Upper Lachlan Shire Council has hit the brakes on its plan to increase rates after a community backlash.
In a statement released on Sunday (5 November), Mayor Pam Kensit confirmed the rate increase was no longer going ahead.
“Upper Lachlan Shire Council ran six engagement sessions for the community and have heard clearly what many ratepayers had to say,” Councillor Kensit said.
“As we live in a democracy, we as the community representatives have heeded the people and will not be going ahead with the proposed Special Rate Variation.
“Essentially, the community has spoken and we have listened, with a majority of councillors agreeing to end the process now.”
The Independent Pricing and Regulatory Tribunal (IPART) sets a maximum amount each year (a rate peg) that determines how much councils can increase rates.
If they want to go beyond this limit, councils need to apply and have their claim for a Special Rate Variation (SRV) assessed.
The council had agreed to support an in-principle rise of an SRV at an Extraordinary Meeting in July 2023.
It had engaged AEC Group to carry out an independent assessment of its financial position and possible SRV options.
AEC Group proposed three options – rates kept at the rate peg, an SRV implemented over one year, or an SRV spread over three years.
Under the proposed plan, it is assumed there will be a rate peg increase of 3.50 per cent in the 2024/25 financial year, then 2.50 per cent in each of the following two years.
AEC Group found Upper Lachlan Shire Council had a consolidated net operating deficit (excluding capital grants) for the 2020/21 and 2021/22 financial years, and budgeted deficits were expected for 2022/23 and 2023/24.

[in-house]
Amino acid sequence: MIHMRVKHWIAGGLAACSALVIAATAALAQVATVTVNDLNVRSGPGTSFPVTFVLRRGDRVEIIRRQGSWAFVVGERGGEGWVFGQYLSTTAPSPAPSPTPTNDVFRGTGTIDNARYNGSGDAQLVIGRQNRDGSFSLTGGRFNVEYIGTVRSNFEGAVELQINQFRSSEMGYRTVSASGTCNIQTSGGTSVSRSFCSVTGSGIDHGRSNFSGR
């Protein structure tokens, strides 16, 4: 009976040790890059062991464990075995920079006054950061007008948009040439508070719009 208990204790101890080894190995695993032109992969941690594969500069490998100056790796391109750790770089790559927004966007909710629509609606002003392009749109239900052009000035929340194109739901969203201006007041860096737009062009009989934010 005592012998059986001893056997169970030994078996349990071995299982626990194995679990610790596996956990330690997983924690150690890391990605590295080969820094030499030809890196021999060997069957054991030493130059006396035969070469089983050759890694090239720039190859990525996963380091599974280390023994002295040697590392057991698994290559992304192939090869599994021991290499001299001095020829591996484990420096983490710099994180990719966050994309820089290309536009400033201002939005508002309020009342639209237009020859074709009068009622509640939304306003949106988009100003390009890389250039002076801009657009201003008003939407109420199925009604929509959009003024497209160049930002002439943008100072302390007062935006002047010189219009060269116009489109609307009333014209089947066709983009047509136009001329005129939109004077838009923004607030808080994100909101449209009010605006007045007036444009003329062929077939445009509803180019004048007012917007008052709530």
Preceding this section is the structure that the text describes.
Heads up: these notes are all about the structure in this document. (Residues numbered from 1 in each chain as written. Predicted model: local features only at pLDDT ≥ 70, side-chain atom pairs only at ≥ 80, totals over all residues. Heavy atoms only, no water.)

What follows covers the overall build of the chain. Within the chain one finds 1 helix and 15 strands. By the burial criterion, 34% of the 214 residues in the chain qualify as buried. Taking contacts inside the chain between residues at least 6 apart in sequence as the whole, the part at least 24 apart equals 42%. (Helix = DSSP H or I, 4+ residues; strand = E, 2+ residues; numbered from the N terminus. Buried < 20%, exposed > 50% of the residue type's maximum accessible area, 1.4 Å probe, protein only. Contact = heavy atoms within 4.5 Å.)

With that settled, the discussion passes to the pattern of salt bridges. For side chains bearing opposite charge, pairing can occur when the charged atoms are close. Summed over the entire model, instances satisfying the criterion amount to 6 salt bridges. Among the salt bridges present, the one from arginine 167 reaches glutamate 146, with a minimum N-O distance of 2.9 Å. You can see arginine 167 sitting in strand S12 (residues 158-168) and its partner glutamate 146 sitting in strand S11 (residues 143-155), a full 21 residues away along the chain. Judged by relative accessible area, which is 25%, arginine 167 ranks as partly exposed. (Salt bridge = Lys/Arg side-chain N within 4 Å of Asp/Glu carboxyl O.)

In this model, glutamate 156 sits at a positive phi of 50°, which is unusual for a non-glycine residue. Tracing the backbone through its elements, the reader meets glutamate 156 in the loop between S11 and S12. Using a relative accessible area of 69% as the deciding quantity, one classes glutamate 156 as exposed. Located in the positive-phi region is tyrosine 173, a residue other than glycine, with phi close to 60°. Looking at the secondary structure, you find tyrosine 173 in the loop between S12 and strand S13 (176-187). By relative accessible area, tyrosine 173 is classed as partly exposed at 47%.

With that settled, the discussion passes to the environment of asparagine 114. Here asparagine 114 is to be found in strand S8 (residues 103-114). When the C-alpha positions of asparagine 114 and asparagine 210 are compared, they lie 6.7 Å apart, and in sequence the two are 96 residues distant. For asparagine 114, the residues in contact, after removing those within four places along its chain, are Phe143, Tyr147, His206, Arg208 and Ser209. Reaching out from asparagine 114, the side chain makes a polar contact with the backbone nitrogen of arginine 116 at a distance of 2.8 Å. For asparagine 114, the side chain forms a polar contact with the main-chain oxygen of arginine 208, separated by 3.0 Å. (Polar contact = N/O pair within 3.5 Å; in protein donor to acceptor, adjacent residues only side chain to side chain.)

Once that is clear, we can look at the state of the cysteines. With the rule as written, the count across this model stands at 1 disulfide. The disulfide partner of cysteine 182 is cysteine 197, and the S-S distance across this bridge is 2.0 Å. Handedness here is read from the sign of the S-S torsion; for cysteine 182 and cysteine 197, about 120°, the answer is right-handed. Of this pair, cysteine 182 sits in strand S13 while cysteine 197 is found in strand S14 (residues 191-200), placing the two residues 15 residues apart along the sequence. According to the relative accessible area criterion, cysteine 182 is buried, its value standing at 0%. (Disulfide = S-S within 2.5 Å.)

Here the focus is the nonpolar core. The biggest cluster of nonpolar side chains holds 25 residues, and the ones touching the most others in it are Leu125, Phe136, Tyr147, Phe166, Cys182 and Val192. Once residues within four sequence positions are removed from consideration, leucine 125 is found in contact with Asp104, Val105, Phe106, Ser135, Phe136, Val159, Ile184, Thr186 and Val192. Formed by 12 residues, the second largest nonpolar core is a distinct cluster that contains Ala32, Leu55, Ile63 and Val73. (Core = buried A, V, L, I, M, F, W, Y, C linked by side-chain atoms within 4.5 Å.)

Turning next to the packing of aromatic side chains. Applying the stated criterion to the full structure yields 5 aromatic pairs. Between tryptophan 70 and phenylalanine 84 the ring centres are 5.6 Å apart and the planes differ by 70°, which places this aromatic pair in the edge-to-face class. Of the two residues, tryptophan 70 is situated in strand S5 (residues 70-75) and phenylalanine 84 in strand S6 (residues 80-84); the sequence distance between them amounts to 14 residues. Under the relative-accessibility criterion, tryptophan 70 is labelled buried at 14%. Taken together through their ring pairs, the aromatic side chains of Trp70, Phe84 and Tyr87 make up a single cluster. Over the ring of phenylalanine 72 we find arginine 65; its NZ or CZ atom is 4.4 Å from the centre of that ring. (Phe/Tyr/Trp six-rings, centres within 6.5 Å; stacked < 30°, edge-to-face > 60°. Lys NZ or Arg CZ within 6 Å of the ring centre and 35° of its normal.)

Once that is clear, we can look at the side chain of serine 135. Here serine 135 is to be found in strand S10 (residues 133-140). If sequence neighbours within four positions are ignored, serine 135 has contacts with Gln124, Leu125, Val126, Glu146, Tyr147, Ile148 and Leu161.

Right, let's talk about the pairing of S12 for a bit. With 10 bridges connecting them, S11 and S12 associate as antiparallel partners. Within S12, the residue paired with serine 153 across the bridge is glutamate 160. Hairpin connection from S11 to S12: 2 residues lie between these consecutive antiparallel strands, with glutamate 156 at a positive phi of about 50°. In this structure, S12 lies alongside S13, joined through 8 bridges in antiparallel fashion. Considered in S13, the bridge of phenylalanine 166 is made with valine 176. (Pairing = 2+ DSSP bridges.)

The deficit was due to “other services and infrastructure within the General Fund”, according to the Key Findings report.
“A key expense item which has increased is depreciation, which has increased due to new and upgraded assets, as well as a general increase in the valuation of assets,” the report says.
“Depreciation can not be reduced [not without disposing of assets] and the increase in depreciation indicates that the council needs to plan for more costs in maintaining and renewing assets into the future.”
The rate increase would have come into effect in the 2024/25 financial year.
Council CEO Alex Waldron said that while the process had been stressful, consultation on the proposed SRV had been necessary.
“Upper Lachlan Shire Council has many hardworking staff and councillors who should be respected for going above and beyond for their community rather than being vilified for being part of a process aimed at improving the shire,” he said.
The council has also shelved further community sessions, including one in Crookwell, as the SRV application has been cancelled.
The decision to cancel the SRV application comes as Goulburn Mulwaree Council continues with its plans for a proposed increase of either 43.5 per cent next year and 2.5 per cent the following year, or 25.5 per cent next year and 20.5 per cent the following year.
Further information on the proposed SRV and the reports from AEC Group are available on the council’s website.